to transform it into object space. For geometry rendering, this results in
the position on the surface of the object closest to the viewer. For volume
rendering, however, several samples along a ray may contribute to a pixel.
For each viewing ray, we therefore choose to write the depth of the sample
which contributes most to the final pixel color. Particularly in conjunction
with the volume rendering technique described in Section 5.4.1 this approach
has proven useful – as stained tissues are presented visually more prominent,
the respective depth will give access to objects in the vicinity of high-intensity
volumetric structures. Using the depth buffer in this way also ensures that
there is always a good correspondence between the selected query locations
and the actual visualization when operations such as cropping have been
applied or a slicing plane is displayed in the 3D visualization.
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87
As path queries are used to find structures which are not visible, all currently displayed objects are ignored. During the query, we maintain a sorted
list of <distance, identifier> pairs for all objects encountered along the path.
When a new point is added, we retrieve its <distance, identifier> pairs from
the distance table and merge them into this list. If an object has already been
encountered along the path, the lower of the two distances is stored. Similar
lists are kept separately for each object type. This information is then used to
present the query results to the user.
User Interaction
A path query can be initiated by the user by simply clicking on any position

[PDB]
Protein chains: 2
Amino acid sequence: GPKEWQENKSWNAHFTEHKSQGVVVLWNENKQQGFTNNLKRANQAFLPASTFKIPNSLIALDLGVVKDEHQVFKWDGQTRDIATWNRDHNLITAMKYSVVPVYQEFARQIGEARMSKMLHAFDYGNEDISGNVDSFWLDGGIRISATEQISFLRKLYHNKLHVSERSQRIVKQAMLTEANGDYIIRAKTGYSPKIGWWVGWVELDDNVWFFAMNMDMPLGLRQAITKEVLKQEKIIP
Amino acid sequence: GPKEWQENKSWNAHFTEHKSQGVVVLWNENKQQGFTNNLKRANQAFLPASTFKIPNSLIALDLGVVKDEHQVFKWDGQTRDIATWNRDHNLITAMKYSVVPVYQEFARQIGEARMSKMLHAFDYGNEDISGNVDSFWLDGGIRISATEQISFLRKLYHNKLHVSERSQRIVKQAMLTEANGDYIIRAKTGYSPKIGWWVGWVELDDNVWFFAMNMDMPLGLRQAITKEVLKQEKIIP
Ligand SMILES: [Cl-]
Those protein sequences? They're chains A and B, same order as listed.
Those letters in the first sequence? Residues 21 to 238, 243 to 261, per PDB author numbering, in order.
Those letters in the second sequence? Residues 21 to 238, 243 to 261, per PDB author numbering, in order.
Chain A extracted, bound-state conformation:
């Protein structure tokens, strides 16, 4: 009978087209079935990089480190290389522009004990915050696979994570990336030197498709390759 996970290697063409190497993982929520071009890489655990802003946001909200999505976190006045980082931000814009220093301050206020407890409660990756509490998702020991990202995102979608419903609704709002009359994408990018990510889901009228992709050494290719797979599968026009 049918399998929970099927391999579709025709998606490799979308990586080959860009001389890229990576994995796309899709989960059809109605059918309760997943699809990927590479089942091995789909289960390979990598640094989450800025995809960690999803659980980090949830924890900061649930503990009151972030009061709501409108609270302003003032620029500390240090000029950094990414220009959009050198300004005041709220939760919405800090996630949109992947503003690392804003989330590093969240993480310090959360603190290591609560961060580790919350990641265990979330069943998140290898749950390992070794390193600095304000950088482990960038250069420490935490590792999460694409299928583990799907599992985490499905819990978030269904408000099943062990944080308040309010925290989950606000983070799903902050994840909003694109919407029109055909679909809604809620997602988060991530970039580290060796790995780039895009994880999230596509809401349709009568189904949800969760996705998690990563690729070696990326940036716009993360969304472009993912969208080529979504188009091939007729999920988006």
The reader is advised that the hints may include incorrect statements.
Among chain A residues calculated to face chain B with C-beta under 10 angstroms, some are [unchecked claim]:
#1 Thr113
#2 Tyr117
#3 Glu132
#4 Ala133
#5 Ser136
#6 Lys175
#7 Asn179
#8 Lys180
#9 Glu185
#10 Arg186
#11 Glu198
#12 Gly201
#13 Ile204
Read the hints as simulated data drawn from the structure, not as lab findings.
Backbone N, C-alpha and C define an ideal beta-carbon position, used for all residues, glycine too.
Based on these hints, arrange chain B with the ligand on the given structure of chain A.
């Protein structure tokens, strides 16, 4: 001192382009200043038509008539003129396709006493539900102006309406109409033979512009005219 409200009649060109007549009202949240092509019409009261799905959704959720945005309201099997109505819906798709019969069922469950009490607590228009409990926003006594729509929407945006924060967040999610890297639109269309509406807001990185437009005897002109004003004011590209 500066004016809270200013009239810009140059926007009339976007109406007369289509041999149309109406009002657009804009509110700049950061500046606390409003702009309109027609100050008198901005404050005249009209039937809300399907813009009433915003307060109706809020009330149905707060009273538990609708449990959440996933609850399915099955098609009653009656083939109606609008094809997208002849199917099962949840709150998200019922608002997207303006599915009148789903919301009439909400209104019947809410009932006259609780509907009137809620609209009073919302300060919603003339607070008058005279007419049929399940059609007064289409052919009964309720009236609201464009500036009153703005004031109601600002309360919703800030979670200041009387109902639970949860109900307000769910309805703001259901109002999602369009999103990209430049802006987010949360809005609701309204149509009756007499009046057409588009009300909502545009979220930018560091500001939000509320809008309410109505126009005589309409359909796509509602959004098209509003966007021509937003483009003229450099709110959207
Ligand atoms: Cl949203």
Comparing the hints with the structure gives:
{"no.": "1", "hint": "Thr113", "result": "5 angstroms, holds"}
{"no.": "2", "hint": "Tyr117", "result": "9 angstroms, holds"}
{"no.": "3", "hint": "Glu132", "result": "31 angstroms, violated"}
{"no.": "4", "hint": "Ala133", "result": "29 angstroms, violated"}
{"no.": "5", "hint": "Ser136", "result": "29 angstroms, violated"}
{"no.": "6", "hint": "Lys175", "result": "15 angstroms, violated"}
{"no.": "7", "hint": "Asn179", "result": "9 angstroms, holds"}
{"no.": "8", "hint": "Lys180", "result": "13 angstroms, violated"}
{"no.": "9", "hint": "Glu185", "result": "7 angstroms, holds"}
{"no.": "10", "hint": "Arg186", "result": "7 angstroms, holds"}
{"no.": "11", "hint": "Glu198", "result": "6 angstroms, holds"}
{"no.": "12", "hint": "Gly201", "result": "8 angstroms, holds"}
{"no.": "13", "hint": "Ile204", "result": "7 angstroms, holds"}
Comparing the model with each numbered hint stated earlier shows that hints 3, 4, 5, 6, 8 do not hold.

in the window and painting the desired path while keeping the mouse button
pressed. A hypertext label pops up on the side of the window and is constantly
updated with current information on the number and type of objects found.
As soon as the user releases the mouse button, the contextual label moves to
the center of the screen prompting the user to inspect the results. Activating
a link by clicking it loads and highlights the corresponding objects. Query
results can be discarded by right-clicking the label. The query results are
displayed in the same way as for object queries using an integrated slider
widget for interactive filtering.
During the query, the specified path is overlayed with proximity clouds
which provide an instant visual indication of close objects without having
to load the geometry first. For this purpose, for every point of the path we
draw a circle for each detected nearby object into an offscreen buffer. The
radius of each circle corresponds to the recorded distance and each pixel
inside the circle is set to this distance value – entries for objects which intersect
the point are drawn using a default radius. Pixel values are combined using
minimum blending. The result is a buffer which stores the closest distance to
any object at each pixel. These values are then mapped to colors and opacities
and displayed semi-transparently as shown in Figure 5.6 (b). After the query,
when the user hovers over any of the hyperlinks the corresponding proximity
overlay is shown.
5.6
Implementation
The presented system was implemented in C++ using OpenGL and GLSL.
For the user interface, the Qt toolkit was used. The architecture is based on a
flexible plug-in mechanism which allows independent modification or even
replacement of system components. This modular concept has proven to be
very useful as it allows rapid prototyping of new functionality. For instance,
the traditional database browsing components were implemented and deployed first. The visual query module uses the same interface which greatly